Vol. 15 | No. 4 | November 2018

A new climate for drought policy development

Climate change is a reality that should be fundamentally changing the way drought policy is developed. Being prepared for and resilient to drought is a necessity in Australian agriculture. Avoiding drought-induced farm business financial crises - with all the flow-on effects to communities, mental health and the wider economy - must be the aim of responsible Government policy. However, simply saying that farm businesses ‘should be prepared’ without providing the tools and conditions to allow for preparation is not only ingenuous but also irresponsible, and will not reduce the number of people suffering hardship each time there is a drought. (more)



Pete Mailler, Goondiwindi grain and cattle producer and Michael McCormack, Leader of The Nationals and Deputy Prime Minister discuss drought resilience and preparedness. ► How should climate change alter the way we address drought policy? ► What sort of policy measures could make farm businesses more resilient? ► What practical measures could make farming practice and systems more resilient? ► What’s standing in the way of better drought preparedness policy? (more)


The AFI is currently conducting very timely research into risk management systems in Australian agriculture. While the research is not yet complete, there have been several learnings from the work to date. Building resilience and facilitating early intervention will involve a strategy that includes a range of Government and industry initiatives, affordable income insurance options, provision of weather derivatives and other financial tools. (more)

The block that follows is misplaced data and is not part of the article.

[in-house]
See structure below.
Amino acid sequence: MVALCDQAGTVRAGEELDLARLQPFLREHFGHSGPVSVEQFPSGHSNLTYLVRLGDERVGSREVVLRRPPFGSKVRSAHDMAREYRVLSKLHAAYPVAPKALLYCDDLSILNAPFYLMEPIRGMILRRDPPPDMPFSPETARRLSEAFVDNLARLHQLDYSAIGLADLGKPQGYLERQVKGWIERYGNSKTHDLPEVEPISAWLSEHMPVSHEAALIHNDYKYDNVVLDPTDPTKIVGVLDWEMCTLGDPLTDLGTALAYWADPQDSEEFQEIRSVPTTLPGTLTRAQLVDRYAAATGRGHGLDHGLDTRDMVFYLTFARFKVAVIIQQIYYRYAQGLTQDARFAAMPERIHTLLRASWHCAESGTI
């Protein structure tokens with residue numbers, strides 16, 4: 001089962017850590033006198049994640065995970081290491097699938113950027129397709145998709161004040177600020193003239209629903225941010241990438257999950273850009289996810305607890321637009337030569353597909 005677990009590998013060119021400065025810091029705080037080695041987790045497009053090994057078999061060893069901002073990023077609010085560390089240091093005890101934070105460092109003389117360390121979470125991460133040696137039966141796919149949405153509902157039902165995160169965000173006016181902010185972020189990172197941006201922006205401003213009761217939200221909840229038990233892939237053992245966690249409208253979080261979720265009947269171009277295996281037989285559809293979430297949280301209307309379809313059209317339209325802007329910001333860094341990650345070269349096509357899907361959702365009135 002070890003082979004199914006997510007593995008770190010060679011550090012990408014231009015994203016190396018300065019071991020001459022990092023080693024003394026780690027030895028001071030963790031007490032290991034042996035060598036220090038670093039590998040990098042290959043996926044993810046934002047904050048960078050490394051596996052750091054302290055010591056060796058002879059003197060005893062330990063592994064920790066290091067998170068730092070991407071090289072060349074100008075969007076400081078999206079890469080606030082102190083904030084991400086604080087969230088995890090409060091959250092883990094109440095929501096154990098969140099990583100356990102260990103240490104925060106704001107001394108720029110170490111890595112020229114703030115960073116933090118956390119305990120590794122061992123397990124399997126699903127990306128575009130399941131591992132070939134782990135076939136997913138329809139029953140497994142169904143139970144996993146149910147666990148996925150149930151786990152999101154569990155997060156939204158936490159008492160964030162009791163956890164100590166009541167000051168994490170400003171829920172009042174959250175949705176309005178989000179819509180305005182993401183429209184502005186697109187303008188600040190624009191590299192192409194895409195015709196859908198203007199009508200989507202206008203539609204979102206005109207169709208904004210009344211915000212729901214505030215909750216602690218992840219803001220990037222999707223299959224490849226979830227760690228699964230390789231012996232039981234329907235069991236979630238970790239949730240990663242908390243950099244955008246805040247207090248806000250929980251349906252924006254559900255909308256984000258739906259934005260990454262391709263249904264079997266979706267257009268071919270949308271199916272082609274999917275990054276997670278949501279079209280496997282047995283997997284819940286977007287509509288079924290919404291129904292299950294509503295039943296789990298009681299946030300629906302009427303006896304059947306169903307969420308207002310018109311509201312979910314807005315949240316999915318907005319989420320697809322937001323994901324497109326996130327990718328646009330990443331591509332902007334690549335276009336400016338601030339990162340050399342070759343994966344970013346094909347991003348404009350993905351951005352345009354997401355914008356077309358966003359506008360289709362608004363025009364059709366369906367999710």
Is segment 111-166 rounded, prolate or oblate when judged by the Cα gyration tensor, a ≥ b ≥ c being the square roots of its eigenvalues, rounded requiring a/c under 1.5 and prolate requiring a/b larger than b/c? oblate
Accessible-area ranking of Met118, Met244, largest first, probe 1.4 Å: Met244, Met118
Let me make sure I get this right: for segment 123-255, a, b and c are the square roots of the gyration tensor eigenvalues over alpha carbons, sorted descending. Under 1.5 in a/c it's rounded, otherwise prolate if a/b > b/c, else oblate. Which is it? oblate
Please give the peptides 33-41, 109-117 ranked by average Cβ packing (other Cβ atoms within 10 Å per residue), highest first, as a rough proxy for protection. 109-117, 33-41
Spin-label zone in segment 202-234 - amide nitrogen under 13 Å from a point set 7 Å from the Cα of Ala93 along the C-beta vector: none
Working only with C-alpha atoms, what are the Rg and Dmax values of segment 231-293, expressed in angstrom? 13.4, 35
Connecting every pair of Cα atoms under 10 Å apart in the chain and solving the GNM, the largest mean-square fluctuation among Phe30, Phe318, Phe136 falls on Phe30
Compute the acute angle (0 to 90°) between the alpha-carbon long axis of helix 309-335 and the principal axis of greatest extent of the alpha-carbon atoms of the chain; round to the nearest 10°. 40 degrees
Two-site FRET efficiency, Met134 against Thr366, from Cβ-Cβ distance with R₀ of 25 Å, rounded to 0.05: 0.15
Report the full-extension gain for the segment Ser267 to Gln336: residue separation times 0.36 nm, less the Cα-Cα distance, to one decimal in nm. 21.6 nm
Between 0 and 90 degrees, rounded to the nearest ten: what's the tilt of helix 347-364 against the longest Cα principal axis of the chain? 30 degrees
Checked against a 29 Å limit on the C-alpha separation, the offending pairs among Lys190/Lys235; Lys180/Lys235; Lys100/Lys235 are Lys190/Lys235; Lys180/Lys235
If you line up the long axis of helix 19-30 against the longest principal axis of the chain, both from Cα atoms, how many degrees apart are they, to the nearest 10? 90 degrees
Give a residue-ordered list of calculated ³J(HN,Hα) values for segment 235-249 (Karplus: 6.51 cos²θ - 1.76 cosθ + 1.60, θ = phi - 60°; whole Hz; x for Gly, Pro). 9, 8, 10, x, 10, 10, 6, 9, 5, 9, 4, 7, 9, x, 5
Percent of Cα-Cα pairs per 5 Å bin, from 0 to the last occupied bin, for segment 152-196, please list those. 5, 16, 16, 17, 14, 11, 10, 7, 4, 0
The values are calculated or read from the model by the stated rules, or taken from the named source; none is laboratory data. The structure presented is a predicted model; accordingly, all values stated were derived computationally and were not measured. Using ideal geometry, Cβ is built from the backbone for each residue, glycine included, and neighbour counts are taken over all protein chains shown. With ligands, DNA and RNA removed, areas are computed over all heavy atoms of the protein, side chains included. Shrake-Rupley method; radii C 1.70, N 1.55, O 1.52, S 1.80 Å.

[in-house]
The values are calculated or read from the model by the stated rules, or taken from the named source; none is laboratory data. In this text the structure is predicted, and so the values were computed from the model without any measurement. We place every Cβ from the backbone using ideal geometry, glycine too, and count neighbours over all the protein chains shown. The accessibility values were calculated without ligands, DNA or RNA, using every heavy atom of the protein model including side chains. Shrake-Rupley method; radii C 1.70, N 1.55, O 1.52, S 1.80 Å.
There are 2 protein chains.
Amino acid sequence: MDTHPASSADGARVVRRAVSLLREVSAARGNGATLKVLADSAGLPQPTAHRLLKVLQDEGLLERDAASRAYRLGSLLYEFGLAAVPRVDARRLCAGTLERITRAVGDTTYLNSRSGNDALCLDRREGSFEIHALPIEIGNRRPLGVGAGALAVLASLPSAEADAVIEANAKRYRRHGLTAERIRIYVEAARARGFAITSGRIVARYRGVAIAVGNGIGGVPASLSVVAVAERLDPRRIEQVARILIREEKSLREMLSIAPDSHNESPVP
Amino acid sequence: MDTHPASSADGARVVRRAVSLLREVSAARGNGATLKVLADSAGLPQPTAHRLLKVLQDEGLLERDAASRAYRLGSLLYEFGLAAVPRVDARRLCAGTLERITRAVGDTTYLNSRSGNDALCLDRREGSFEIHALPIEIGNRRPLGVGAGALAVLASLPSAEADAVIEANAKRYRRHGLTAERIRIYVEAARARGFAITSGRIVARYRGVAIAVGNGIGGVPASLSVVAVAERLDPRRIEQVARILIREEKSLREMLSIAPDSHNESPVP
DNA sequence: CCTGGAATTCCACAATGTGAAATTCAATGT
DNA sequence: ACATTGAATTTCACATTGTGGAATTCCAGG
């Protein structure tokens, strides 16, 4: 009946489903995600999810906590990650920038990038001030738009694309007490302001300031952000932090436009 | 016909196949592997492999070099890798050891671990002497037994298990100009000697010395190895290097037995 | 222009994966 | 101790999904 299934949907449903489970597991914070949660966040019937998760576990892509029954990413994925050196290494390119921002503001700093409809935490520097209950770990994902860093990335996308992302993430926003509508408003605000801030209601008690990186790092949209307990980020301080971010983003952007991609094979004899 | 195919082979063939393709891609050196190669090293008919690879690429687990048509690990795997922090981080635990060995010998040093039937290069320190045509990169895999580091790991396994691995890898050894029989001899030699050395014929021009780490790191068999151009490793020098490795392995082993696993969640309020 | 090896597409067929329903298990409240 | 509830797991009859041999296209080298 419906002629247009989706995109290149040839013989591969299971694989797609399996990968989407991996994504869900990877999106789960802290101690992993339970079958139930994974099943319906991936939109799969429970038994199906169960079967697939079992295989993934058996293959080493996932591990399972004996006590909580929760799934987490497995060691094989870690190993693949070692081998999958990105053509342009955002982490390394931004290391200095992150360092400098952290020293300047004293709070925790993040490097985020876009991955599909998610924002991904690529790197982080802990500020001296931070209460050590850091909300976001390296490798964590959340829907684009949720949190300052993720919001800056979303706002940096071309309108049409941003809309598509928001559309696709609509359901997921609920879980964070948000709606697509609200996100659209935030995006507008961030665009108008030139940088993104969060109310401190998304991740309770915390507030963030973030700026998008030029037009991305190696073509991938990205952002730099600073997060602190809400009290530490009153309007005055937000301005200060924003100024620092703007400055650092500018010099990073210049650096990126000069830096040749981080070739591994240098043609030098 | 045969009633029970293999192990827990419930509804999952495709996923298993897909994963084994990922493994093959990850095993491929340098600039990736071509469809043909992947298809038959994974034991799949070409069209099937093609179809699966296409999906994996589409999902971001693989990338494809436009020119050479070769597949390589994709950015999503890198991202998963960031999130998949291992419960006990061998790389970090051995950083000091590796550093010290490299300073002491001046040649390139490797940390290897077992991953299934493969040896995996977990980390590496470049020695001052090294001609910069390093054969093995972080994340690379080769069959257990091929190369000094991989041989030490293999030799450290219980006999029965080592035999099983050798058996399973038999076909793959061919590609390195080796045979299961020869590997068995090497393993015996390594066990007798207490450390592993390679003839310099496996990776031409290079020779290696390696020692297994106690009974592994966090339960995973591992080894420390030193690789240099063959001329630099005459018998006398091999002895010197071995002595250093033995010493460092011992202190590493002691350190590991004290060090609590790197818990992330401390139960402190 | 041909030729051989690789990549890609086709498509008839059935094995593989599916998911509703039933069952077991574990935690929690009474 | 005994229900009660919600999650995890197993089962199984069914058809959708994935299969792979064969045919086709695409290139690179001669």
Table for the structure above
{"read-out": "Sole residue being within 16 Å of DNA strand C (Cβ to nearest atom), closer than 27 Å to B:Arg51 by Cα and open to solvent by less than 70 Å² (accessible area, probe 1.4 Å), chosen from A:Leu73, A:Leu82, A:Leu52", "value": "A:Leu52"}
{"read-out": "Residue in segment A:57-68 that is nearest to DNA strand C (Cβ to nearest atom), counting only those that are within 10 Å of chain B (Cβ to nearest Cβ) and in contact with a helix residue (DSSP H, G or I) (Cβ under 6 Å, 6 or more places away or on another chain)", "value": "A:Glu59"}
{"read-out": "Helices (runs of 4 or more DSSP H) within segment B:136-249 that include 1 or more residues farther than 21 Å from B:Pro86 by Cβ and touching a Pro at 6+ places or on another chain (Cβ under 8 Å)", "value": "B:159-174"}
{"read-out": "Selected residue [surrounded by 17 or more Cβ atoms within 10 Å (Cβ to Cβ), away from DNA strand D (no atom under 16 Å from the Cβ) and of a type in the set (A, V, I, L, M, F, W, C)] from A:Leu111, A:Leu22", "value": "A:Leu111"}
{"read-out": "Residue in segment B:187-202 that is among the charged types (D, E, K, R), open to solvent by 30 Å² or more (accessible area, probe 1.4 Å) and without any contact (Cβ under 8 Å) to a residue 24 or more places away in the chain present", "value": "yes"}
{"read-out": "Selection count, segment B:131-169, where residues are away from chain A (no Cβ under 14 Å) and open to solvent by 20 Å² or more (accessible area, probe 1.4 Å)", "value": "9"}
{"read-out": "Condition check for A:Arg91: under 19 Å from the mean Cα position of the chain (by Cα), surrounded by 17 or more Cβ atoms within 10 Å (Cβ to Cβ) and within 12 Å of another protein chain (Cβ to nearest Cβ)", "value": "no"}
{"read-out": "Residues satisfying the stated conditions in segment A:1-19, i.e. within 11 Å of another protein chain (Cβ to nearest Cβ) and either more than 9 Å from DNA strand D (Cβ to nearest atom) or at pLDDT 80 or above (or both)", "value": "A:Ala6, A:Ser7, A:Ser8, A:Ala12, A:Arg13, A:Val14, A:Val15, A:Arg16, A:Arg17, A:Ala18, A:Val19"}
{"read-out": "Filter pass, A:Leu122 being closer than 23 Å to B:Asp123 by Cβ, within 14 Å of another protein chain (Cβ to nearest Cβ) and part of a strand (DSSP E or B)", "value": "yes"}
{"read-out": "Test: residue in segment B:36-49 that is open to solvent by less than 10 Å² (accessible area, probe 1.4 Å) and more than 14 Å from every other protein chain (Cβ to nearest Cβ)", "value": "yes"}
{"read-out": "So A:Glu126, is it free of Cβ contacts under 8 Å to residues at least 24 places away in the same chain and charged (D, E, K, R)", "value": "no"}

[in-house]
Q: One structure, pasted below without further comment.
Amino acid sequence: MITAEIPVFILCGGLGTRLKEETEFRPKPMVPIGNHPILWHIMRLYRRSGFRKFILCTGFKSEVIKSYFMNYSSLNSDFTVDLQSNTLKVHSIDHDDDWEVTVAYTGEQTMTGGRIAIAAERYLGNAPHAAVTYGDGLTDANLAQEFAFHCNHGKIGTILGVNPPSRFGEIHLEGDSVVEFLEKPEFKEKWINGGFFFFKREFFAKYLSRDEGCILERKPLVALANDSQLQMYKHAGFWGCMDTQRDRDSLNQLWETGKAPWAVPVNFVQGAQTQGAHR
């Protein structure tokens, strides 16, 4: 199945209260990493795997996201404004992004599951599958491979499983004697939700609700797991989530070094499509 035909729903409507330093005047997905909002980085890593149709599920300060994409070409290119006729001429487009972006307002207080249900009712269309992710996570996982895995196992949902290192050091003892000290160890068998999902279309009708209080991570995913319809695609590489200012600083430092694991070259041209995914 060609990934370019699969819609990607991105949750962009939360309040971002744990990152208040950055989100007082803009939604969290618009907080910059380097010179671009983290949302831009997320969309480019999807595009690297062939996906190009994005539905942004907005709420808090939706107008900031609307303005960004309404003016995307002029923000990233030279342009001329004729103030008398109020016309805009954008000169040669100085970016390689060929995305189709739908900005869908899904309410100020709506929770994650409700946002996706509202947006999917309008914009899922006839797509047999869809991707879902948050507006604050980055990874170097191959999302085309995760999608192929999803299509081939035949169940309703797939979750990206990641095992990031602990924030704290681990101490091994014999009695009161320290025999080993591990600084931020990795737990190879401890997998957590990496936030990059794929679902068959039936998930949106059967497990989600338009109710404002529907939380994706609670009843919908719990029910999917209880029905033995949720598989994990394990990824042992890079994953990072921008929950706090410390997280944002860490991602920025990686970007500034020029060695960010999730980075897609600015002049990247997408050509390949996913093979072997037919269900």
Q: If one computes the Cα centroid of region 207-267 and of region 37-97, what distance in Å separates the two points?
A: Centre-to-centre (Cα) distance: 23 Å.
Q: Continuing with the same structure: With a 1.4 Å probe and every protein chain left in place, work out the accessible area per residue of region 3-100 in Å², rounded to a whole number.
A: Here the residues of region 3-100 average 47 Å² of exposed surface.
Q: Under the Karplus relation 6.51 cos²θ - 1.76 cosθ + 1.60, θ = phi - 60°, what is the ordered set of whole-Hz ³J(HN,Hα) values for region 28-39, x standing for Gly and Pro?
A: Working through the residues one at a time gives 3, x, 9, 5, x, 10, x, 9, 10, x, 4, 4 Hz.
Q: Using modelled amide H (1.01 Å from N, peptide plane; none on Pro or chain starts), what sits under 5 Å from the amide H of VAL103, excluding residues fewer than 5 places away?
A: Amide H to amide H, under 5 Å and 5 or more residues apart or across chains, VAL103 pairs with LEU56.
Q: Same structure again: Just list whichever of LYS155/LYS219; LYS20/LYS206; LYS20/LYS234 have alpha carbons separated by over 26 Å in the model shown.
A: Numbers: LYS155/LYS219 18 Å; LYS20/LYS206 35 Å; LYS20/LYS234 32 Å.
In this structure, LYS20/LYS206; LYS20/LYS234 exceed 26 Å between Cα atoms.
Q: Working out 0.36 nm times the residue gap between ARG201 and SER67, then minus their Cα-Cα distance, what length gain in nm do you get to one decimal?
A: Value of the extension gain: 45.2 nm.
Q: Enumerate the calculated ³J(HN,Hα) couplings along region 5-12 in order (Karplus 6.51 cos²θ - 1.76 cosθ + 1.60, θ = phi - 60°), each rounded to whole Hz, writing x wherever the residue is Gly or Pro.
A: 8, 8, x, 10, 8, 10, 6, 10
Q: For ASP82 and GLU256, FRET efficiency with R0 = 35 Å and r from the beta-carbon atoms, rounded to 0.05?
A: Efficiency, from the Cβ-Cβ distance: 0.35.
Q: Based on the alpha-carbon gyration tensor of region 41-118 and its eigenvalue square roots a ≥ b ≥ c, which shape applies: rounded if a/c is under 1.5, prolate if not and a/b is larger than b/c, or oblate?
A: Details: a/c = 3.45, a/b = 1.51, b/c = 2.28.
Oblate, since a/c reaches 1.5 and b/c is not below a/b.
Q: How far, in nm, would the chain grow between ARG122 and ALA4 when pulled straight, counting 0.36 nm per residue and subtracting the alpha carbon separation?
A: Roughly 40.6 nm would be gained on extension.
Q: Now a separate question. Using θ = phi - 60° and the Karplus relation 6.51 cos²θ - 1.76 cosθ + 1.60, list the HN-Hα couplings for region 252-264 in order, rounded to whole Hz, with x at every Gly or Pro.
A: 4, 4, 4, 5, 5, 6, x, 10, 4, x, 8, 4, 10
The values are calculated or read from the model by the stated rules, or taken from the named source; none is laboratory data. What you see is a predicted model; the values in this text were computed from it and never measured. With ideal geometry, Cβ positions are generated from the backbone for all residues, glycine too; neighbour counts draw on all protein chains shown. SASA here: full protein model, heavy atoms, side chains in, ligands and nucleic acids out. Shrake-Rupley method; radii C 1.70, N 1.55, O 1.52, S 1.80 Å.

The imbalance between consumer perceptions and the reality of farming practice and the need to create best-practice evidence-based agricultural policy for Australian farmers were the focus of the Institute’s annual Australian Agriculture Roundtable held in October. While no ‘silver bullets’ were proffered, some clear points for further development emerged. An overarching theme from all sessions was the establishment of trust in an era of ‘truth decay’ and the maintenance of social licence. (more)


► At the National Drought Summit the Future Drought Fund was unveiled, with an initial allocation of $3.9 billion to grow to $5 billion by 2028. ► The Moss Review into live animal export regulation has identified systemic regulatory failings and recommended significant reforms. ► Two schemes that bring temporary farm workers into Australia are being amended after concerted pressure from farm lobby groups. (more)


There is an ever-growing divide between voters on the ground and their representatives encased in the ‘Canberra bubble’. This disconnect has often played out in issues of great import to agriculture. Labor’s tin ear on live exports is matched by the Coalition’s confusion on the National Energy Guarantee, but the divide between the rural sector and the ruling sector is exemplified by the climate change debate. (more)


The Australian Agriculture Roundtable was attended by over 160 agribusiness professionals and featured discussions on animal welfare, community trust, environmental policy, agricultural statistics and the right to farm. The Institute has been quoted in the media on a range of recent issues, including drought policy, energy price rises, the adoption of agtech, social licence, agricultural insurance and the National Drought Summit. (more)